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Robot Cloning by DIY 3d printers!

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Picture of Robot Cloning by DIY 3d printers!
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The DARwIn-OP is a open hardware and software project which greatly aided me in doing this project.

        DARwIn-OP is an acronym for (Dynamic Anthropomorphic Robot with Intelligence - Open Platform) or DARwIn for short. The DARwIn-OP was developed by the RoMeLa research lab at Virginia Tech in collaboration with University of Pennsylvania, Purdue University and ROBOTIS. ROBOTIS is a world leading South Korean robotics’ company. Their Dynamixel servos are the leading robotic servos in the world and the key to why the DARwIn-OP is so ground breaking. The lead designer of the DARwIn-OP project has Dr. Dennis Hong of Virginia Tech’s RoMeLa and ROBOTIS. The robot is a state of the art research and development humanoid robot. The DARwIn-OP weighs in at about 2.9 kilograms and a height of 45.5 cm.

The idea behind this project is to find new and cheaper ways to create and build robots. As 3d printing becomes cheaper and easier to use more and more people will have access to this way of manufacturing. I hope that this instrucable will  open up more peoples eyes as to the power of this new personal fabrication method.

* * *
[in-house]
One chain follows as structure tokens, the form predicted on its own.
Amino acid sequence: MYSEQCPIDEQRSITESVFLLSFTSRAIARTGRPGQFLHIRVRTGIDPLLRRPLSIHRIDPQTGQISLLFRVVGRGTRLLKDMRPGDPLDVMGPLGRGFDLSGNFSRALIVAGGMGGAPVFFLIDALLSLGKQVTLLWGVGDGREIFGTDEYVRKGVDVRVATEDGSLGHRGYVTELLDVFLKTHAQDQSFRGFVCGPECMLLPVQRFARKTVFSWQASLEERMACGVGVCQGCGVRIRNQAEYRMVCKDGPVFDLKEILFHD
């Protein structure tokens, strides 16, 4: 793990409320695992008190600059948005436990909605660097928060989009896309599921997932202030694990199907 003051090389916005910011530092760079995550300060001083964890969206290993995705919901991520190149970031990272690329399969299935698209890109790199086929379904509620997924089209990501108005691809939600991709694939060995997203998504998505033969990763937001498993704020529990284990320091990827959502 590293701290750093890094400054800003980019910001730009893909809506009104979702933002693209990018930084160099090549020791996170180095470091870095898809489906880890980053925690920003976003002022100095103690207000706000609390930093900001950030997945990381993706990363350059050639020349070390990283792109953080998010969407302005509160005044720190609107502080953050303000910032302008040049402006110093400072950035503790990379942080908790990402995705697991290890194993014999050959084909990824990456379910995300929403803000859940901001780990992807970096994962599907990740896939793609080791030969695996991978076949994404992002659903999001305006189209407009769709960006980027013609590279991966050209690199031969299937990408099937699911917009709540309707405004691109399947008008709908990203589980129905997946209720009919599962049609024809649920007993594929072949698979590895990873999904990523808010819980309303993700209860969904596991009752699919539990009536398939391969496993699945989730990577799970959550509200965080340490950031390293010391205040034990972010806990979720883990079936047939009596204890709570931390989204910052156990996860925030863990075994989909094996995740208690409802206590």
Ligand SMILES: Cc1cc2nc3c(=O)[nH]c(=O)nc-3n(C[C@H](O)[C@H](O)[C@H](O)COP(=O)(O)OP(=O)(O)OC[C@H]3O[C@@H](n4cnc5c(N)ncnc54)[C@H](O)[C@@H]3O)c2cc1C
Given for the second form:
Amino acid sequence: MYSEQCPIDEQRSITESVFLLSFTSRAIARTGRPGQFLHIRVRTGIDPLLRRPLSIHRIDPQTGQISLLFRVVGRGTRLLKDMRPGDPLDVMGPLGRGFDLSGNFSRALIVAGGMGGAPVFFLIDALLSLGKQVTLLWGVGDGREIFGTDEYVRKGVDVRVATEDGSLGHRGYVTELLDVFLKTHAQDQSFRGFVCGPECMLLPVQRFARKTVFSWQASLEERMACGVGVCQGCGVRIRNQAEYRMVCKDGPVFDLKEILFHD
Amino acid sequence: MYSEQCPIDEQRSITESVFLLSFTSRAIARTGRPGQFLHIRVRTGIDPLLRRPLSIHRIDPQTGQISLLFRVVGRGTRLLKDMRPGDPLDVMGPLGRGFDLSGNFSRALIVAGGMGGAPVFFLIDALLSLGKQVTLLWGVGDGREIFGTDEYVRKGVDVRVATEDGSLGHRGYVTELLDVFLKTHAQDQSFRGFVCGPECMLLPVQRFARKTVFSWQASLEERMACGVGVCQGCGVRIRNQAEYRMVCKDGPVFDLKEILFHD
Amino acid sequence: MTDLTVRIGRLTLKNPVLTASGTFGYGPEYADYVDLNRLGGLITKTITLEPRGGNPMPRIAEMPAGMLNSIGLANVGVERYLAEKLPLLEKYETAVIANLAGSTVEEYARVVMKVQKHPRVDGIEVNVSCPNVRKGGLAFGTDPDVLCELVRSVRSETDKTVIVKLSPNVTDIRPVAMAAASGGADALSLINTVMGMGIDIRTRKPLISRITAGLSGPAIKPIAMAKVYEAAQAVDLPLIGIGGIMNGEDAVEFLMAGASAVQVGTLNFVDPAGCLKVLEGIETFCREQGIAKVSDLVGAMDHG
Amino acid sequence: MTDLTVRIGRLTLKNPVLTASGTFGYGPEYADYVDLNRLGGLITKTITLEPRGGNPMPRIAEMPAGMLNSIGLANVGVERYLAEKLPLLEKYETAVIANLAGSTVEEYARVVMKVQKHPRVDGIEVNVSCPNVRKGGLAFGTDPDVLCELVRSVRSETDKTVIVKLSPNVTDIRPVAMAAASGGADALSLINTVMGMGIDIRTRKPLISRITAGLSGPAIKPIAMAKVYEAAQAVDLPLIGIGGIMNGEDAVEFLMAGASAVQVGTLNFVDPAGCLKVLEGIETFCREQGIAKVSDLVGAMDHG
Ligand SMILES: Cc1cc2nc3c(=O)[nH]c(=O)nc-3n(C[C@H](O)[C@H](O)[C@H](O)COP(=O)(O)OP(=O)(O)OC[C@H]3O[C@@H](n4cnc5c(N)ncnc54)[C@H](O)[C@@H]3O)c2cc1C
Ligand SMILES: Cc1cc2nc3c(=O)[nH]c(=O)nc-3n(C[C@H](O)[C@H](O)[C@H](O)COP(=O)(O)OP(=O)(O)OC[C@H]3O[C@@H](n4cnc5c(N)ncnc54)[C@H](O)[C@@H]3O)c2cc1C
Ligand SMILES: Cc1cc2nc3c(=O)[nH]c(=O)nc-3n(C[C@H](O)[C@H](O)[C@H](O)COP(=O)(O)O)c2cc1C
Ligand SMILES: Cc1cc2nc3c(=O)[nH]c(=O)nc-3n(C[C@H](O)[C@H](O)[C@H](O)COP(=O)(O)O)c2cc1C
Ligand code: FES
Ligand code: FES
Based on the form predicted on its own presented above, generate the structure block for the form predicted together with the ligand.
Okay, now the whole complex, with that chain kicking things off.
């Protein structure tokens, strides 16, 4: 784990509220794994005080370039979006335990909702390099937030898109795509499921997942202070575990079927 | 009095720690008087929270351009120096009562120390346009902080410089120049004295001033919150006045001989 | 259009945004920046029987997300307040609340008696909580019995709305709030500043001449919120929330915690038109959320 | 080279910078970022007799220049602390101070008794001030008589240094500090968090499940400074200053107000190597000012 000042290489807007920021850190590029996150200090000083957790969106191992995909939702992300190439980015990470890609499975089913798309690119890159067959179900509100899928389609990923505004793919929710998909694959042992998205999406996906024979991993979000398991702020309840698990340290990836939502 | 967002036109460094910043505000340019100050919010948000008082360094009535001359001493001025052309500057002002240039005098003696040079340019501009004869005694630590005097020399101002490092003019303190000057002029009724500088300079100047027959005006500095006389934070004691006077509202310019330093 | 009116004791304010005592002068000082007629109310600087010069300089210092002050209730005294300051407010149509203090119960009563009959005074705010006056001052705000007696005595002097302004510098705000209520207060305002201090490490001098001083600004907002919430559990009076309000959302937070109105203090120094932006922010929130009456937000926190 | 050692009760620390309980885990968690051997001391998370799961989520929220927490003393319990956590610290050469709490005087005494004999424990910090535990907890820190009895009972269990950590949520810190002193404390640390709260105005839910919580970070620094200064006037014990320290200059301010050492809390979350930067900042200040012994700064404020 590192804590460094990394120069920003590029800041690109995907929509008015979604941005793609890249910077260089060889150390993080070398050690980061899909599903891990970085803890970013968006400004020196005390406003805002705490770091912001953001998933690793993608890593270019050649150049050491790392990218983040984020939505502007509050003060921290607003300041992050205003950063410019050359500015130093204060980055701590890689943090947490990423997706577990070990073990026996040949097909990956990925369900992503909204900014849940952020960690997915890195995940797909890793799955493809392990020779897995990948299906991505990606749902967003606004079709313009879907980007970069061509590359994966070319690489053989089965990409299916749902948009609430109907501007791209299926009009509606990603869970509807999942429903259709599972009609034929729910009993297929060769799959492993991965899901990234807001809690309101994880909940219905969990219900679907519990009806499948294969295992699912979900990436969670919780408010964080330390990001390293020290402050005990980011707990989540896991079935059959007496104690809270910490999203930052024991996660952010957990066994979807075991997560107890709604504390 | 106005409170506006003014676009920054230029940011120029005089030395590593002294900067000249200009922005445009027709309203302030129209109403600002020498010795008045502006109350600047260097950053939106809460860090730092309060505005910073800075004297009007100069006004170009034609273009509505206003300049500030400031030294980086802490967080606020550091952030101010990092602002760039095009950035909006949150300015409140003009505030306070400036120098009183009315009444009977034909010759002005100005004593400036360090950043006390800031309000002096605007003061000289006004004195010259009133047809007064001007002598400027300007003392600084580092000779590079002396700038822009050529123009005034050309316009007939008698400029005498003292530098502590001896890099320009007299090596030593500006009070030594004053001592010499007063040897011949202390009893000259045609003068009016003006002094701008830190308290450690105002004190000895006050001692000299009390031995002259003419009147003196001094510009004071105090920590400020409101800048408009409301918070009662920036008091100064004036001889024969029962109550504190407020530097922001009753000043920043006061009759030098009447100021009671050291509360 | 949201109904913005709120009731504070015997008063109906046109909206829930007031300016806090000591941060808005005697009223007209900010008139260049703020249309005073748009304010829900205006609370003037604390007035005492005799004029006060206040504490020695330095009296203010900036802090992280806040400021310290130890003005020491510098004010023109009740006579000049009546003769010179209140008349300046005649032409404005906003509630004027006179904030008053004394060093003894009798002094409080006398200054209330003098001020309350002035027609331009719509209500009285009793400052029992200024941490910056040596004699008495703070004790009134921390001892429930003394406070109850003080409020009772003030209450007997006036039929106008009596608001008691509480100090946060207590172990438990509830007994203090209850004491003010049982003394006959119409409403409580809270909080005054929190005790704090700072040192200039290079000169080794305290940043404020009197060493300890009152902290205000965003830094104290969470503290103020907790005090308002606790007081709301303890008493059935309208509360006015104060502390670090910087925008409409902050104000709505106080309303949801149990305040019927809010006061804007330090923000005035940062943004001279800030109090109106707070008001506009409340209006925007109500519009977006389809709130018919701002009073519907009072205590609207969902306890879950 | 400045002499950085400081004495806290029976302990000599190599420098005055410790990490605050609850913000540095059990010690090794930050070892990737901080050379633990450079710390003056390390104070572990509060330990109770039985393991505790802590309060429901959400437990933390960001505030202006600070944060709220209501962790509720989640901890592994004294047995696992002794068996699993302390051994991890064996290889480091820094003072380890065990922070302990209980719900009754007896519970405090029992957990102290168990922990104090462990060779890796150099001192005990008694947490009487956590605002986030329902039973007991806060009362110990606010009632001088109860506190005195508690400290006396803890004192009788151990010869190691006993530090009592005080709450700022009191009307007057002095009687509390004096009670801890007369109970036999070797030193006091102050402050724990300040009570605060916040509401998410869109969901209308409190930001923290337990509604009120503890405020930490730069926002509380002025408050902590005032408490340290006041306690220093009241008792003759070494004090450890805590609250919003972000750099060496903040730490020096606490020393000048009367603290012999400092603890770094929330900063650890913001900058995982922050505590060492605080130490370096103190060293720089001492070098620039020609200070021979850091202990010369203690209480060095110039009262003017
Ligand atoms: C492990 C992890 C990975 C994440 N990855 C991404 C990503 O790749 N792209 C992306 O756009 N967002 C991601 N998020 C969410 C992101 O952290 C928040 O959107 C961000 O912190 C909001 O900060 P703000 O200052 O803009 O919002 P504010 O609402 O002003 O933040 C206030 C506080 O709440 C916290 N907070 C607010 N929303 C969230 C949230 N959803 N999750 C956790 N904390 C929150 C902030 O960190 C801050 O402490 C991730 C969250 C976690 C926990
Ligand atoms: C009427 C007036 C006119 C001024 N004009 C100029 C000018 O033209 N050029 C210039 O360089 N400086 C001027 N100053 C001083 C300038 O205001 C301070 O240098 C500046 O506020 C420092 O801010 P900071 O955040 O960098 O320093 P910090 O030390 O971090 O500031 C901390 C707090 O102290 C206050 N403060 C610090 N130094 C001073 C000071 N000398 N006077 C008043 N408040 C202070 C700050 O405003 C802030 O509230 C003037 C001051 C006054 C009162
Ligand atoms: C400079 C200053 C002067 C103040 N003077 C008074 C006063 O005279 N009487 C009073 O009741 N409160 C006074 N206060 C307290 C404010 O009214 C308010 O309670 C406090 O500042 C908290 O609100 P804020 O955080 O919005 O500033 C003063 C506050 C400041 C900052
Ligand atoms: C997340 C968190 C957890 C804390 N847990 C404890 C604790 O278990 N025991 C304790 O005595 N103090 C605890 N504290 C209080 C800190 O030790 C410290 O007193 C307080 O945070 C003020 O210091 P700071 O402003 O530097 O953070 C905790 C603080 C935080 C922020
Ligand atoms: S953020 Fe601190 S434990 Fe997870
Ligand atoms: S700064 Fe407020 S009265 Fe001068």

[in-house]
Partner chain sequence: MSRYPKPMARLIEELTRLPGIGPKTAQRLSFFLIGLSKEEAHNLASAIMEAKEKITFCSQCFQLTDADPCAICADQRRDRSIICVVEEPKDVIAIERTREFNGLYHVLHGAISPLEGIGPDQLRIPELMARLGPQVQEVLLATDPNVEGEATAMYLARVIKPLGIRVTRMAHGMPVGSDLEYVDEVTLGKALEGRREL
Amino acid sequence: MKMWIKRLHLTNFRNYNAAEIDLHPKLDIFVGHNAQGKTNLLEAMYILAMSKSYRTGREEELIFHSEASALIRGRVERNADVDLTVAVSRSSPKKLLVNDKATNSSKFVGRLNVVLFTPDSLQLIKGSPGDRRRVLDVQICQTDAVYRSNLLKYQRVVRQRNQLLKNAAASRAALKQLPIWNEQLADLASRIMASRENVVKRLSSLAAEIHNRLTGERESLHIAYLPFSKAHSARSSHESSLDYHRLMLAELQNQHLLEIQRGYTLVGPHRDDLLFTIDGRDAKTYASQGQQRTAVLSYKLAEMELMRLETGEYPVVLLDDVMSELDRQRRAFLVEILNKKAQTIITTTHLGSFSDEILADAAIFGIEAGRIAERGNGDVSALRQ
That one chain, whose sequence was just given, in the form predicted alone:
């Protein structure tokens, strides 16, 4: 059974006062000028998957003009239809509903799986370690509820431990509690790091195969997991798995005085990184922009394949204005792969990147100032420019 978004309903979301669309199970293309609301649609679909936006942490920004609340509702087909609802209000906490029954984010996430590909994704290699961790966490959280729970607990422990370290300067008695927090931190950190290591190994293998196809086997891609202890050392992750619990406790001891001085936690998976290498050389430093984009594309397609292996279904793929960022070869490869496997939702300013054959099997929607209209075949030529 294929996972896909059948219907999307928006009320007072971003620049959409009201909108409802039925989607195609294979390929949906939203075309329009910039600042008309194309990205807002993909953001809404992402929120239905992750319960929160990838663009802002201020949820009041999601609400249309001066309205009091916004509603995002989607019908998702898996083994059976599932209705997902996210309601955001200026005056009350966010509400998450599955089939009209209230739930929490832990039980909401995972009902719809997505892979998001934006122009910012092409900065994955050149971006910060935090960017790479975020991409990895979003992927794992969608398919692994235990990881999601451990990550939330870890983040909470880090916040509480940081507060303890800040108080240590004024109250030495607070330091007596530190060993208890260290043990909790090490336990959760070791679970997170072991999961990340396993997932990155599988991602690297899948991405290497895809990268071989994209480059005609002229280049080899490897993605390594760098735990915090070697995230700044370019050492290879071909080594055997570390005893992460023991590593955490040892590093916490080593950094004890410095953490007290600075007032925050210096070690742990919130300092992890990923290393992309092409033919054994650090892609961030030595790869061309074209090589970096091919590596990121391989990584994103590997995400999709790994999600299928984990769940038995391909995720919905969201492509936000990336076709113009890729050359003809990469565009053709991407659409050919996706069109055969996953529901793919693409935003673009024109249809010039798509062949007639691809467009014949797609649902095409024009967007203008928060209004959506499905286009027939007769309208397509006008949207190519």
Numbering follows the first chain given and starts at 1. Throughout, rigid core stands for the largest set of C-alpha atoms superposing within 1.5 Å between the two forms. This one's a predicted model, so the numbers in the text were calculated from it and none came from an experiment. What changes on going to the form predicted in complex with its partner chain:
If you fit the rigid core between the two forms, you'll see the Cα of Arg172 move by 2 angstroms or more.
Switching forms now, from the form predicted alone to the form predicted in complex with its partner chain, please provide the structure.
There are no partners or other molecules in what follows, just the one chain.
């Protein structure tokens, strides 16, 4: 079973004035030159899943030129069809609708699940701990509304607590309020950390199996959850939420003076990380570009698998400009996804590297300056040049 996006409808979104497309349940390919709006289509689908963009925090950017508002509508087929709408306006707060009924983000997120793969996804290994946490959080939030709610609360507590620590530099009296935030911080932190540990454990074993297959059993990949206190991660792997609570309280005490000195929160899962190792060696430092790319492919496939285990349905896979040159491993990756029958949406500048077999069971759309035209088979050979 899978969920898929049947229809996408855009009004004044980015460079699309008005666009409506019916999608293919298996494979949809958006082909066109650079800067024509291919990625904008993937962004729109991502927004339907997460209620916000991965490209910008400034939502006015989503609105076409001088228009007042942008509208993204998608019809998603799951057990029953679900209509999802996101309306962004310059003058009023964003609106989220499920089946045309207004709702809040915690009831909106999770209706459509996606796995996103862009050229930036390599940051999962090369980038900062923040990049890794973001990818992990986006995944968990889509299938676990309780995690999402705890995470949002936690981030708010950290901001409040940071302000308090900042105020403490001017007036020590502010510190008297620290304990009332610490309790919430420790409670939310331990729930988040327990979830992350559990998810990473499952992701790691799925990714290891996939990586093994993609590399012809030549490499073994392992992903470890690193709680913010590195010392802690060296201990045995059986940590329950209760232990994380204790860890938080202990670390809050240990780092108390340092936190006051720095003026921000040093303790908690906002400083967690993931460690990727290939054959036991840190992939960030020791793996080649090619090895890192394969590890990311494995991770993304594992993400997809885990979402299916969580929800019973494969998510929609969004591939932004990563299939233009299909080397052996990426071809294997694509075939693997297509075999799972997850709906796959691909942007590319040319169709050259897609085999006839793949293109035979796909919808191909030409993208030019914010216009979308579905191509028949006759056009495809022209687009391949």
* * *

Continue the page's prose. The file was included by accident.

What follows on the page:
Below is a link to my Make magazine article on how I made the clone.

http://blog.makezine.com/2013/04/26/cloning-the-darwin-op/
 
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Step 1: Why I wanted to own a DARwIn-OP!

I thought it would be a good idea to show a production version of the DARwIn-OP in action to show the reason why I wanted this cool robot.

This is video of the DARwIn-OP in its natural environment Robocup soccer.





 

Step 2: Download CAD file

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First step was to download all of the 3d CAD files.

Link to file location.

Other download information links

Step 3: Create .STL files for all of the parts.

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I used Autodesk Inventor to create my .STL files, you can use your favorite 3d design software.

If you need a cheaper way try AutoDesk 123D Beta if you can still download it.

Here is a link to my Thingiverse project page for my DARwIn-OP clone where I have upload all of the .STL files for the robot.

http://www.thingiverse.com/thing:9793

Step 4: Print out all parts on a 3d printer.

I used the UP! Plus 3d printer to print out almost all of the robot, again you can use a 3d printer that you own or have access to. This took me almost two months to get all of the parts printed out correctly. 

UP! Plus 3d printer.

The Afinia H-Series: 3D Printer is the exact same printer.

Step 5: Buy the electronics for the robot.

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Link to website.

The easiest part of this project.

Step 6: Buy your servos for the robot.

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Yes the MX-28T servos are expensive but they are state of the art robotic servos. The servos of your robot are alwas the key as to how well your robot will preform.

Link to where to buy them.

Step 7: Buy fastners for the robot.